Anonymization of centralized and distributed social networks by sequential clustering
Anonymization of Centralized and Distributed Social Networks by
We study the problem of privacy-preservation in social networks. We consider the distributed
setting in which the network data is split between several data holders. The goal is to arrive at
an anonymized view of the unified network without revealing to any of the data holders
information about links between nodes that are controlled by other data holders. To that end, we
start with the centralized setting and offer two variants of an anonymization algorithm which is
based on sequential clustering (Sq). Our algorithms significantly outperform the SaNGreeA
algorithm due to Campan and Truta which is the leading algorithm for achieving anonymity in
networks by means of clustering. We then devise secure distributed versions of our algorithms.
To the best of our knowledge, this is the first study of privacy preservation in distributed social
networks. We conclude by outlining future research proposals in that direction.
A social network, for example, provides information on individuals in some population and the
links between them, which may describe relations of friendship, collaboration, correspondence,
and so forth. An information network, as another example, may describe scientific publications
and their citation links. In their most basic form, networks are modeled by a graph, where the
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nodes of the graph correspond to the entities, while edges denote relations between them. Real
social networks may be more complex or contain additional information. For example, in
networks where the described interaction is asymmetric (e.g., a financial transaction network),
the graph would be directed; if the interaction involves more than two parties (e.g., a social
network that describes comembership in social clubs) then the network would be modeled as a
hypergraph; in case where there are several types of interaction, the edges would be labeled; or
the nodes in the graph could be accompanied by attributes that provide demographic
information such as age, gender, location, or occupation which could enrich and shed light on
the structure of the network. Such social networks are of interest to researchers from many
disciplines, be it sociology, psychology, market research, or epidemiology. However, the data in
such social networks cannot be released as is, since it might contain sensitive information.
Therefore, it is needed to anonymize the data prior to its publication in order to address the need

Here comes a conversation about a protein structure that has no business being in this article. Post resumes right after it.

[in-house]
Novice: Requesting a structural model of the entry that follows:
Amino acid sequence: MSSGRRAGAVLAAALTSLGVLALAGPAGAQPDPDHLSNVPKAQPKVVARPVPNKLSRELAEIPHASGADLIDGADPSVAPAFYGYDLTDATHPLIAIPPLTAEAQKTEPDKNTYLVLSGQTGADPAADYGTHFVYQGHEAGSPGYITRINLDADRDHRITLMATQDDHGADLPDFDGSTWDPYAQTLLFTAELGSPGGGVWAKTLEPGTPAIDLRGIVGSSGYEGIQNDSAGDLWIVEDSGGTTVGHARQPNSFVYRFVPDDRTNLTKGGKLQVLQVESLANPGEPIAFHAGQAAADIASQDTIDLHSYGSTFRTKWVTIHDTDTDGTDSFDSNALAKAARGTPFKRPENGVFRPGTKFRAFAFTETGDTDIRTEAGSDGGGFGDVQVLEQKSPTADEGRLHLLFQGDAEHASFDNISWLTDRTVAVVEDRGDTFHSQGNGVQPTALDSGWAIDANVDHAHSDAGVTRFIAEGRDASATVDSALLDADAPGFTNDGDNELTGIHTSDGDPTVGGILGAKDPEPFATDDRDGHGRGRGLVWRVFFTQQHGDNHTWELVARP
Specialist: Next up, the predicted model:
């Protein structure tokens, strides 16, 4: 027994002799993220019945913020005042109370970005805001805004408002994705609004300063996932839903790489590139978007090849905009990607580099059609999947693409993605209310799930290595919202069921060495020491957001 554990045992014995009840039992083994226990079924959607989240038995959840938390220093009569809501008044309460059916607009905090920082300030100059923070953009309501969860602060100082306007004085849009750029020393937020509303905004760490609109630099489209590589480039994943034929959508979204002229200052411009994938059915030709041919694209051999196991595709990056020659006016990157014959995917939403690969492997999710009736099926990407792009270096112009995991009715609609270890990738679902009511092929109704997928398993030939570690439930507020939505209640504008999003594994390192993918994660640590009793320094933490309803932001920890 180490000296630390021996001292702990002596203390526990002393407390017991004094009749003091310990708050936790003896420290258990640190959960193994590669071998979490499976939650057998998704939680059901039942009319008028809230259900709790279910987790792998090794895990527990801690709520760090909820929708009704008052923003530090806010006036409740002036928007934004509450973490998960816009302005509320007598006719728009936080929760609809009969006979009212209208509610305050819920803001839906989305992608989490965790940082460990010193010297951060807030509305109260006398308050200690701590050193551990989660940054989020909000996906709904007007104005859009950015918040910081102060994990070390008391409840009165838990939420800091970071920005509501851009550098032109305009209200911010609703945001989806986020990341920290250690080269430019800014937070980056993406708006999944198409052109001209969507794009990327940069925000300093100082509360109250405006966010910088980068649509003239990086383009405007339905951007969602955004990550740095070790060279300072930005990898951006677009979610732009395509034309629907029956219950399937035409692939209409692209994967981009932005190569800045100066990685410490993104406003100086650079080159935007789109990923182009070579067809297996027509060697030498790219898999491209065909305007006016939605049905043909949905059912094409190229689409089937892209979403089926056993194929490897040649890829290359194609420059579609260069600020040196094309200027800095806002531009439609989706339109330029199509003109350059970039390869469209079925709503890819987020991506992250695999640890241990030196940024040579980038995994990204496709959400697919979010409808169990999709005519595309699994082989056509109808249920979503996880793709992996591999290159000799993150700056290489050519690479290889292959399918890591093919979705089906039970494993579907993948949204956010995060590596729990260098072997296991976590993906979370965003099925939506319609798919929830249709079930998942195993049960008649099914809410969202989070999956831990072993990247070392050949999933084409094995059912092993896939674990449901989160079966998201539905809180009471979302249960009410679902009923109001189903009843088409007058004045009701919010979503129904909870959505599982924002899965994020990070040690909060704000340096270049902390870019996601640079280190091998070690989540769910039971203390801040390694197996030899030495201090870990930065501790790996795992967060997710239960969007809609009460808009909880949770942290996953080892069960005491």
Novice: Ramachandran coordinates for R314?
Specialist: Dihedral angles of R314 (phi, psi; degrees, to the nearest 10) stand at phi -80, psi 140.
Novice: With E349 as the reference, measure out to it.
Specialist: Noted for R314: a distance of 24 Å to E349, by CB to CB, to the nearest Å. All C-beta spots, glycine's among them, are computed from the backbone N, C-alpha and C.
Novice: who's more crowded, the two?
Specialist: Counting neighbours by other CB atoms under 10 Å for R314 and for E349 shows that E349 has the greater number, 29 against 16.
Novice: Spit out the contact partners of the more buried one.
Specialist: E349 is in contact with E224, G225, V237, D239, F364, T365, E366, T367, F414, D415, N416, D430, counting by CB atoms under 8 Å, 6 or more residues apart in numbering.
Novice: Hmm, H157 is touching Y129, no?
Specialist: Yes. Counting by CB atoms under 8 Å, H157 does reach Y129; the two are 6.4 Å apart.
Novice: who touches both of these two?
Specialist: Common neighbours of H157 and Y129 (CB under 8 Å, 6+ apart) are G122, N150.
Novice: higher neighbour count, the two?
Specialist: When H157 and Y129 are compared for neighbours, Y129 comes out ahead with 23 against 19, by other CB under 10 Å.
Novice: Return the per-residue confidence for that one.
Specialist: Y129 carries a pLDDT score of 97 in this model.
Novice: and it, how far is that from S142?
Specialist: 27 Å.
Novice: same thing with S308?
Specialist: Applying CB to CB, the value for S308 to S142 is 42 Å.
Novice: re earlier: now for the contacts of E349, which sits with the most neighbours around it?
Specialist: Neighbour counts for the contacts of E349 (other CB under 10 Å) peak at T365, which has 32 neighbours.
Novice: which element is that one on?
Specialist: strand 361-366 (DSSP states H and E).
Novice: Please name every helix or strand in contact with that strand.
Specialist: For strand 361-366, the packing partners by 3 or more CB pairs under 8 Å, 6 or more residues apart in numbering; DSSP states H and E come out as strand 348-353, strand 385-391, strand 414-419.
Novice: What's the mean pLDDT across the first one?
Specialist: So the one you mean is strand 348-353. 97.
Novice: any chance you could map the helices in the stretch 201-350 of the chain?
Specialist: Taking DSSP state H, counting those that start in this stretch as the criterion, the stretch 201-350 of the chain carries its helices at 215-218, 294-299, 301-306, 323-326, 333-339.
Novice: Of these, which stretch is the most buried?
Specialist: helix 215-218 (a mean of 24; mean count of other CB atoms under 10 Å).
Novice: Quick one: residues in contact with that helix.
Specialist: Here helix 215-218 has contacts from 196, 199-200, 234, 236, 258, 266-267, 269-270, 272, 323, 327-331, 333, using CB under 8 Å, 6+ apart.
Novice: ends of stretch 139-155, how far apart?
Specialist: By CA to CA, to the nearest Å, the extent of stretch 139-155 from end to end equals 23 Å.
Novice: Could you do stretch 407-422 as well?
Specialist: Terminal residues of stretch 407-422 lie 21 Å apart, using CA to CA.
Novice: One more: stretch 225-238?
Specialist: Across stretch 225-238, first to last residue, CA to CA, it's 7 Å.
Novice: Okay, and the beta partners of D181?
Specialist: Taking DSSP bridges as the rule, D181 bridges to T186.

to respect the privacy of the individuals whose sensitive information is included in the data.
Data anonymization typically trades off with utility. Hence, it is required to find a golden path
in which the released anonymized data still holds enough utility, on one hand, and preserves
privacy to some accepted degree on the other hand.
DISADVANTAGES OF EXISTING SYSTEM:
In an existing system, the complexity in communication increases and security level is low in
social network system.
The study of anonymizing social networks has concentrated so far on centralized networks, i.e.,
networks that are held by one data holder. However, in some settings, the network data is split
between several data holders, or players. For example, the data in a network of email accounts
where two nodes are connected if the number of email messages that they exchanged was
greater than some given threshold, might be split between several email service providers. As
another example, consider a transaction network where an edge denotes a financial transaction
between two individuals; such a network would be split between several banks. In such settings,
each player controls some of the nodes (his clients) and he knows only the edges that are
adjacent to the nodes under his control. It is needed to devise secure distributed protocols that
would allow the players to arrive at an anonymized version of the unified network. Namely,
protocols that would not disclose to any of the interacting players more information than that
which is implied by its own input (being the structure of edges adjacent to the nodes under the
control of that player) and the final output (the anonymized view of the entire unified network).
The recent survey by Wu et al. about privacy-preservation in graphs and social networks
concludes by recommendations for future research in this emerging area. One of the proposed
directions is distributed privacy-preserving social network analysis, which “has not been well
reported in literature.”
ADVANTAGES OF PROPOSED SYSTEM:
We deal with social networks where the nodes could be accompanied by descriptive data, and
propose two novel anonymization methods of the third category (namely, by clustering the
nodes). Our algorithms issue anonymized views of the graph with significantly smaller
information losses than anonymizations issued by the algorithms. We also devise distributed
versions of our algorithms and analyze their privacy and communication complexity.
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Tamir Tassa and Dror J. Cohen “Anonymization of Centralized and Distributed Social
Networks by Sequential Clustering”- IEEE TRANSACTIONS ON KNOWLEDGE AND
DATA ENGINEERING, VOL. 25, NO. 2, FEBRUARY 2013.